Latest News Archive

Please select Category, Year, and then Month to display items
Years
2017 2018 2019 2020
Previous Archive
06 March 2020 | Story Igno van Niekerk | Photo Igno van Niekerk
 Gert Marais looking at pecan leave_
Dr Gert Marais says the UFS is helping to ensure that the pecan industry not only survives but thrives.

“When opportunity knocks, you must jump. The more opportunity knocks, the more you should jump.” 

Look closely, and you will notice the rise in pecan-nut plantations as you travel through South Africa. Do not be surprised if you find that the UFS’s pecan-nut project – steered by Dr Gert Marais, Senior Lecturer in the Department of Plant Sciences – is associated with those pecans.

Main exporter
In an ever expanding and interconnected global economy, South Africa has joined the USA as main exporters of pecan nuts to China. We have several advantages; our seasons differ from that of the USA, and we have the benefit that we are harvesting and exporting pecan nuts at the time when they are most popular at Chinese festivals and events.

Although it takes a long time to grow pecan trees (seven to eight years before they start producing), the long wait has extensive benefits. Dr Marias explains: “Unlike other crops, you do not have to prepare the soil and plant new crops annually. Rather than re-investing, you only need to do proper maintenance. Once planted, the pecan trees can produce for generations to come. And the UFS is involved in ensuring that the pecan industry not only survives but thrives.”

Empowering farmers
As the pecan industry in South Africa grows, new challenges are identified. Some trees suffer from a condition called overall decline, others from scab, and some others are infested by combinations of fungi not found in other countries. Dr Marais and his team have filed several ‘first reports’ of combinations between pecans and pathogens, leading to opportunities for MSc research projects and making a difference in the industry.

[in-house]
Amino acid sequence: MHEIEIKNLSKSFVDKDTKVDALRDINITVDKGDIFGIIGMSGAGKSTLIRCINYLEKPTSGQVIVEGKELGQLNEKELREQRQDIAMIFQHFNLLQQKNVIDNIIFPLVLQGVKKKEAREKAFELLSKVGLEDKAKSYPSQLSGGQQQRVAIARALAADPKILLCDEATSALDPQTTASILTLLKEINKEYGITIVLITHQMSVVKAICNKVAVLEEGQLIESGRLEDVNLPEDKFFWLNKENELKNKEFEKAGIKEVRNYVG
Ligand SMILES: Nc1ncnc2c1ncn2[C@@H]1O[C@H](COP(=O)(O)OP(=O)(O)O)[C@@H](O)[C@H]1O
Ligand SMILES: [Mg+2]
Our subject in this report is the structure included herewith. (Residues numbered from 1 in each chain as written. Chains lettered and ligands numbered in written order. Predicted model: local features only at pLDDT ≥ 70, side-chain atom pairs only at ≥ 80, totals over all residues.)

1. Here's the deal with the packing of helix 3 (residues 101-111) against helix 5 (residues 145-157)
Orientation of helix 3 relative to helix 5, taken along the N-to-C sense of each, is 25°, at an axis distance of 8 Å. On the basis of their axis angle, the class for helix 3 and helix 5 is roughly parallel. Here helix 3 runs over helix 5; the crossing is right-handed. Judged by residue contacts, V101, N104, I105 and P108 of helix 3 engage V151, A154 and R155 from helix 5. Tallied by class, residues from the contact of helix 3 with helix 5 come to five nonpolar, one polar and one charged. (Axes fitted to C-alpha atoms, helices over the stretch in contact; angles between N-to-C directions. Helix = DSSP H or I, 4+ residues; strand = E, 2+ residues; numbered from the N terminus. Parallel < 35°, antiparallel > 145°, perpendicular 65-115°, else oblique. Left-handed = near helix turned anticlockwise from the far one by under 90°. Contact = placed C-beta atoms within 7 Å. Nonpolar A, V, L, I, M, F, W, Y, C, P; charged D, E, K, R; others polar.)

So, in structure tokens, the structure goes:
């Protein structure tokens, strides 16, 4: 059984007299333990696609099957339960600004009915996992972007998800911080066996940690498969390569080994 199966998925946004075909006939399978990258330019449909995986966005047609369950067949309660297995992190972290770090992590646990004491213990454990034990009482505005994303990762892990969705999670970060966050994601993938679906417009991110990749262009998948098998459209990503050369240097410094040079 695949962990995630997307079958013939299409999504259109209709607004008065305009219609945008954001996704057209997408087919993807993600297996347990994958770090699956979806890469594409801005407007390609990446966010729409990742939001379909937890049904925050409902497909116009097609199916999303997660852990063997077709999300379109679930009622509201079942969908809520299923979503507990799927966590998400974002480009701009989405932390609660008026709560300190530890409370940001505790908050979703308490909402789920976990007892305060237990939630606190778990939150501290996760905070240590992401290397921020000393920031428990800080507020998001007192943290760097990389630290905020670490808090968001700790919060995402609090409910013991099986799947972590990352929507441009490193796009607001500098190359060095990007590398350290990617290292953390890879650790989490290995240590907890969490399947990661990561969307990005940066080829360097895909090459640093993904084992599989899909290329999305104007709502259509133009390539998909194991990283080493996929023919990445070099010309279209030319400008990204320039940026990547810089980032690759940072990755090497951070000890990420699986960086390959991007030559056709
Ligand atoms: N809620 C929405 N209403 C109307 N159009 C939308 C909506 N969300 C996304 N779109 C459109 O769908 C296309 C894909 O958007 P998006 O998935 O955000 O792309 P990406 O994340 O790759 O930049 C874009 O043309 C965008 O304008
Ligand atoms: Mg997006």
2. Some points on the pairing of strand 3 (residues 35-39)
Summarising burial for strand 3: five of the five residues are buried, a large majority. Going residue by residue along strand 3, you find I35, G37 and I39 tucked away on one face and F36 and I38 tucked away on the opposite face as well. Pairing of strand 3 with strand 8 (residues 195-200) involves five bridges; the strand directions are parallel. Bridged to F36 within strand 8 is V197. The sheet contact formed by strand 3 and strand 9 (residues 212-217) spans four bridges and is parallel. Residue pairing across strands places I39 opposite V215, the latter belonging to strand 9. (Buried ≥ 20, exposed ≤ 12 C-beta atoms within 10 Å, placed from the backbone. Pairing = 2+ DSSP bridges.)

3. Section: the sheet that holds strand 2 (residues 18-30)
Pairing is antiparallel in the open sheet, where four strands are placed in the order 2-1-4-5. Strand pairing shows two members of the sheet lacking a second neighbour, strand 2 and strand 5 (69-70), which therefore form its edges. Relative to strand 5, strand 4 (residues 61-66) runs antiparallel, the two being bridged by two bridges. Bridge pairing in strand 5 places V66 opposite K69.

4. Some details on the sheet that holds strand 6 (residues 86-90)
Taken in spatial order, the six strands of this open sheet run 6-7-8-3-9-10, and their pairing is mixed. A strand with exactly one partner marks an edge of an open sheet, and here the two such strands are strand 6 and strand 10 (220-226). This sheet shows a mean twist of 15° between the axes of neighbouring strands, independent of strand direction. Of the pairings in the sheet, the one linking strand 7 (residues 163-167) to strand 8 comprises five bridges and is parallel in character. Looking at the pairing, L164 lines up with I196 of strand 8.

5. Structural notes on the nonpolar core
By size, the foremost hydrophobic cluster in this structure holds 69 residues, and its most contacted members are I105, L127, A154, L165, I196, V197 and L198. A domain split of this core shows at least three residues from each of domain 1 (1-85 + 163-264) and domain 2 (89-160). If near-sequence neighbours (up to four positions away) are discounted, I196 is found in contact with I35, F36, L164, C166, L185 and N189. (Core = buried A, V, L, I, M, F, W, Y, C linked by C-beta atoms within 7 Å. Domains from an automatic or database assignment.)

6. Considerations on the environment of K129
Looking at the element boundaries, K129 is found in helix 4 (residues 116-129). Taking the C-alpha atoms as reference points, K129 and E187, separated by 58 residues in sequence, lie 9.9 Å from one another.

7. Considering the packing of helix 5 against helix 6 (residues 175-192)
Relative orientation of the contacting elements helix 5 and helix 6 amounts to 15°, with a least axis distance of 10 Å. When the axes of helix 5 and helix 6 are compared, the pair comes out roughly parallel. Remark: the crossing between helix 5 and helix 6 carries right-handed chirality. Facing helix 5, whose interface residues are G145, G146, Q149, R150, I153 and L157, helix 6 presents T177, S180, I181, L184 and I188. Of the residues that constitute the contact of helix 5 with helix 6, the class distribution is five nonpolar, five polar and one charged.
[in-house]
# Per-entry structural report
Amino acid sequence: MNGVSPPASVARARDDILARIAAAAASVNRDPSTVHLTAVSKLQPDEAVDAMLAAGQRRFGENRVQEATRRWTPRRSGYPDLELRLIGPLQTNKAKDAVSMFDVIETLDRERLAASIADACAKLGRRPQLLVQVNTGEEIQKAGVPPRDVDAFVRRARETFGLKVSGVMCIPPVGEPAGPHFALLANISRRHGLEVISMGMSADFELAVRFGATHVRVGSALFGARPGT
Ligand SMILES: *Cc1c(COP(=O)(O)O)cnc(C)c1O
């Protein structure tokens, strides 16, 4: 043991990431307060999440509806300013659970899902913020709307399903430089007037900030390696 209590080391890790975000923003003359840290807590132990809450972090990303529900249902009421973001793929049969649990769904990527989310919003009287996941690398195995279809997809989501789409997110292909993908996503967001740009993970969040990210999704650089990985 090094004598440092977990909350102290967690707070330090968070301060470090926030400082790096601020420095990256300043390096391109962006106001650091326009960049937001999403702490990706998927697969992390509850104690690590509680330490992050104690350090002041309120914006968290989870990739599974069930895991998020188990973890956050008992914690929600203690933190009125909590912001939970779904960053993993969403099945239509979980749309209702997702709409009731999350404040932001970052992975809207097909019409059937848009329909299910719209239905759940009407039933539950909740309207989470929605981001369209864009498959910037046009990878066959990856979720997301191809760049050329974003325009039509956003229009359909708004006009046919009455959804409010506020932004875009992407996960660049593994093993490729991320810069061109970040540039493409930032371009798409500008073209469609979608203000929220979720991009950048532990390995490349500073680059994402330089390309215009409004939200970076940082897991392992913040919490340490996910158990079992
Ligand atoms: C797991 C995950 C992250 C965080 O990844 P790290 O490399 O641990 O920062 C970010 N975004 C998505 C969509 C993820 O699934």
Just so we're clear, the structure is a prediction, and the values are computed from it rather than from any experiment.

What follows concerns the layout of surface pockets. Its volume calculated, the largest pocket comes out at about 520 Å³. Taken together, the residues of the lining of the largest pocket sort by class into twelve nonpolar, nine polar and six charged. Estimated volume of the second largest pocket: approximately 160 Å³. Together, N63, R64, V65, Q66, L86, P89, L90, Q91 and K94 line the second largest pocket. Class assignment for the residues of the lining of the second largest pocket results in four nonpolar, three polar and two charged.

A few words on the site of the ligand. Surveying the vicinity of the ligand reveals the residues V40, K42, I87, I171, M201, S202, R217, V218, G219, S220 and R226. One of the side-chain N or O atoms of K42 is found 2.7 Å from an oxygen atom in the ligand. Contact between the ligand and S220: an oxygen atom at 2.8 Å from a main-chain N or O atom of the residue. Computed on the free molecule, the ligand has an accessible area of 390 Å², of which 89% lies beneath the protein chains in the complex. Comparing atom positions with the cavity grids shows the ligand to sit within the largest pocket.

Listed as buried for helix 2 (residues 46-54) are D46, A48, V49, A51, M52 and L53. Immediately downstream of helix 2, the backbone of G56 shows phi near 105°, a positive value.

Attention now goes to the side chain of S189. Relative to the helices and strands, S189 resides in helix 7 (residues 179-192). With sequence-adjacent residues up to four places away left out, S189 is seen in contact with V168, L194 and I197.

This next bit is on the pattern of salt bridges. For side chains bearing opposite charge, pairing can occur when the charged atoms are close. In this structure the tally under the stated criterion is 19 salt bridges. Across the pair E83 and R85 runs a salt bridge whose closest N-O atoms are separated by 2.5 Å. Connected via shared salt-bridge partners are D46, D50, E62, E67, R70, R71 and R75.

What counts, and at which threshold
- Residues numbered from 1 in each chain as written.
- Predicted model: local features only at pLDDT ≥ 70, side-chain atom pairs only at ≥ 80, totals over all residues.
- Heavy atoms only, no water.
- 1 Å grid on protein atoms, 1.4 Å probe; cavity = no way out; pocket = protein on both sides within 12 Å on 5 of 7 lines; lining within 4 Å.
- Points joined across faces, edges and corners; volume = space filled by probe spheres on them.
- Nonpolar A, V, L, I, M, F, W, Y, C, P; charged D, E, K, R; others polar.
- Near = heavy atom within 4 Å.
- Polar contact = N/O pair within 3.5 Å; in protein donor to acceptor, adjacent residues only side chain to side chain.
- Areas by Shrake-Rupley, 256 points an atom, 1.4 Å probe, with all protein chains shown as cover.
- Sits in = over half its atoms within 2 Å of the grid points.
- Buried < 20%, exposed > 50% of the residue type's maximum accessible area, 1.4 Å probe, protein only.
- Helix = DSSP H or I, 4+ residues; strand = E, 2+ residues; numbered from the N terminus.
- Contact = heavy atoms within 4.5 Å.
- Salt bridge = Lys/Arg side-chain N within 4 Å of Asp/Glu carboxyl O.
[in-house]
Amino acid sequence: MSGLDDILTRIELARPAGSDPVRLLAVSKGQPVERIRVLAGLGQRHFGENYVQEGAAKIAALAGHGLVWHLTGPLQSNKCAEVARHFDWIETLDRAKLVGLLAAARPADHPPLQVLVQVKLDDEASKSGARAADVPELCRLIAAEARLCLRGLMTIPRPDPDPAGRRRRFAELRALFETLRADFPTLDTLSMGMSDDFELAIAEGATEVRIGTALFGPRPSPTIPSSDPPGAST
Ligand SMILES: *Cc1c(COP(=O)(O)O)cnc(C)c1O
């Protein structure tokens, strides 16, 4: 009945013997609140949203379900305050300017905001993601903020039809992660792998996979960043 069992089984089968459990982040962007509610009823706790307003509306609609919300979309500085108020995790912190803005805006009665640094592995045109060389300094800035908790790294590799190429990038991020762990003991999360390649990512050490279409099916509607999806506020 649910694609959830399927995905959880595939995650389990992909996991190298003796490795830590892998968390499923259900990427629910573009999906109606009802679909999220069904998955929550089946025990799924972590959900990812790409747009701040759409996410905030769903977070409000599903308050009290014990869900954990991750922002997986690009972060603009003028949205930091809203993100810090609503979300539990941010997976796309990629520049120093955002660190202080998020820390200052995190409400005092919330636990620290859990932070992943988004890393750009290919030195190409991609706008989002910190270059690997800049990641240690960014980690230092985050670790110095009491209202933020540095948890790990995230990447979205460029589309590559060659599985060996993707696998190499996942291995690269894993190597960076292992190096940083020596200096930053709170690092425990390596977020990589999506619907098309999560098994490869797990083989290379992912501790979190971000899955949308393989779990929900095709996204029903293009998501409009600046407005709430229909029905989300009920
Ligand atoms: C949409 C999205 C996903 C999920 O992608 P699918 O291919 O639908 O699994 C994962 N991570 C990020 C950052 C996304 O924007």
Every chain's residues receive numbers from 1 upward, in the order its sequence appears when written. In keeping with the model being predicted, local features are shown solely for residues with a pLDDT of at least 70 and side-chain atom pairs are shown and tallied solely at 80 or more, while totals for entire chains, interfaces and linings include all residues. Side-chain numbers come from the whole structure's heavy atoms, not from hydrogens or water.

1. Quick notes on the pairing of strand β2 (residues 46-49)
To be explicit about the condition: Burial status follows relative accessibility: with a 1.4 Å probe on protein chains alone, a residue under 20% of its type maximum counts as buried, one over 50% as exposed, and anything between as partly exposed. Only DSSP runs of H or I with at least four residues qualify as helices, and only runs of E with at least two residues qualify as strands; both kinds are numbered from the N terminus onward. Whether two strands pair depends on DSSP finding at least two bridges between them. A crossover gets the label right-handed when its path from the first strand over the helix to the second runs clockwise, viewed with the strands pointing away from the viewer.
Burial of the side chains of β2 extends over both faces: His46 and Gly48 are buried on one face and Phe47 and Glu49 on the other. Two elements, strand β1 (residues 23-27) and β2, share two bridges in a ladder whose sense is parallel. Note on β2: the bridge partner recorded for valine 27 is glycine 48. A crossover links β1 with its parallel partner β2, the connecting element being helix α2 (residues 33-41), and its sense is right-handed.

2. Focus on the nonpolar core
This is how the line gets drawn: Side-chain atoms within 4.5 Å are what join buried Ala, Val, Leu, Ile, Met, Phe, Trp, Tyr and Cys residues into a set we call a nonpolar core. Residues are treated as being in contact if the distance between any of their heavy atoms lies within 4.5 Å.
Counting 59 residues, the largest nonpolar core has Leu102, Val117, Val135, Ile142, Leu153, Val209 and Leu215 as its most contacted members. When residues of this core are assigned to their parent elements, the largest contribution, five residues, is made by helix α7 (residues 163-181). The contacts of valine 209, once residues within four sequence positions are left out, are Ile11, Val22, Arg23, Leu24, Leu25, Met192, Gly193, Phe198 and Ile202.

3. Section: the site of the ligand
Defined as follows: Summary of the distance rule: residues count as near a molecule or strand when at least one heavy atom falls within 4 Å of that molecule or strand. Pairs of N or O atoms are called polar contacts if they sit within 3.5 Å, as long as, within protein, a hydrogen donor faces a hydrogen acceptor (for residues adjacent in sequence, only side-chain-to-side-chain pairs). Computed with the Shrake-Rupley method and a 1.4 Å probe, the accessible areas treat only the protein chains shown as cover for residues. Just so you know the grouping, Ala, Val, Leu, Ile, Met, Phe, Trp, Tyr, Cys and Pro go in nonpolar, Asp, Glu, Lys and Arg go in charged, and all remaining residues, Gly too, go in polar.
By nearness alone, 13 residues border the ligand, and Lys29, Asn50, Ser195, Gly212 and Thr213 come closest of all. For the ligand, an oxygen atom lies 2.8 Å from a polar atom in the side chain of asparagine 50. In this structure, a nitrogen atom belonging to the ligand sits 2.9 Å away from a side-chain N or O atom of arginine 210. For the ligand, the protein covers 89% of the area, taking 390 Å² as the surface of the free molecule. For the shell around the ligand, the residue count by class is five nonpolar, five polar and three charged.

Dr Marais undertakes six field trips per year to visit all the production areas in South Africa, share information at farmer’s days, arrange courses to ensure best practices with regard to pecan cultivation; students also use these visits to collect samples for their research. Due to the systemic collaboration between the private sector and the university, farmers are empowered to manage their pecan crops better, the university benefits from cutting-edge research, and South Africa becomes a stronger player in the international economy.

Opportunity is knocking. And the UFS is jumping.

News Archive

Eye tracker device a first in Africa
2013-07-31

 

 31 July 2013

Keeping an eye on empowerment

"If we can see what you see, we can think what you think."

Eye-tracking used to be one of those fabulous science-fiction inventions, along with Superman-like bionic ability. Could you really use the movement of your eyes to read people's minds? Or drive your car? Or transfix your enemy with a laser-beam?

Well, actually, yes, you can (apart, perhaps, from the laser beam… ). An eye tracker is not something from science fiction; it actually exists, and is widely used around the world for a number of purposes.

Simply put, an eye tracker is a device for measuring eye positions and eye movement. Its most obvious use is in marketing, to find out what people are looking at (when they see an advertisement, for instance, or when they are wandering along a supermarket aisle). The eye tracker measures where people look first, what attracts their attention, and what they look at the longest. It is used extensively in developed countries to predict consumer behaviour, based on what – literally – catches the eye.

On a more serious level, psychologists, therapists and educators can also use this device for a number of applications, such as analysis and education. And – most excitingly – eye tracking can be used by disabled people to use a computer and thereby operate a number of devices and machines. Impaired or disabled people can use eye tracking to get a whole new lease on life.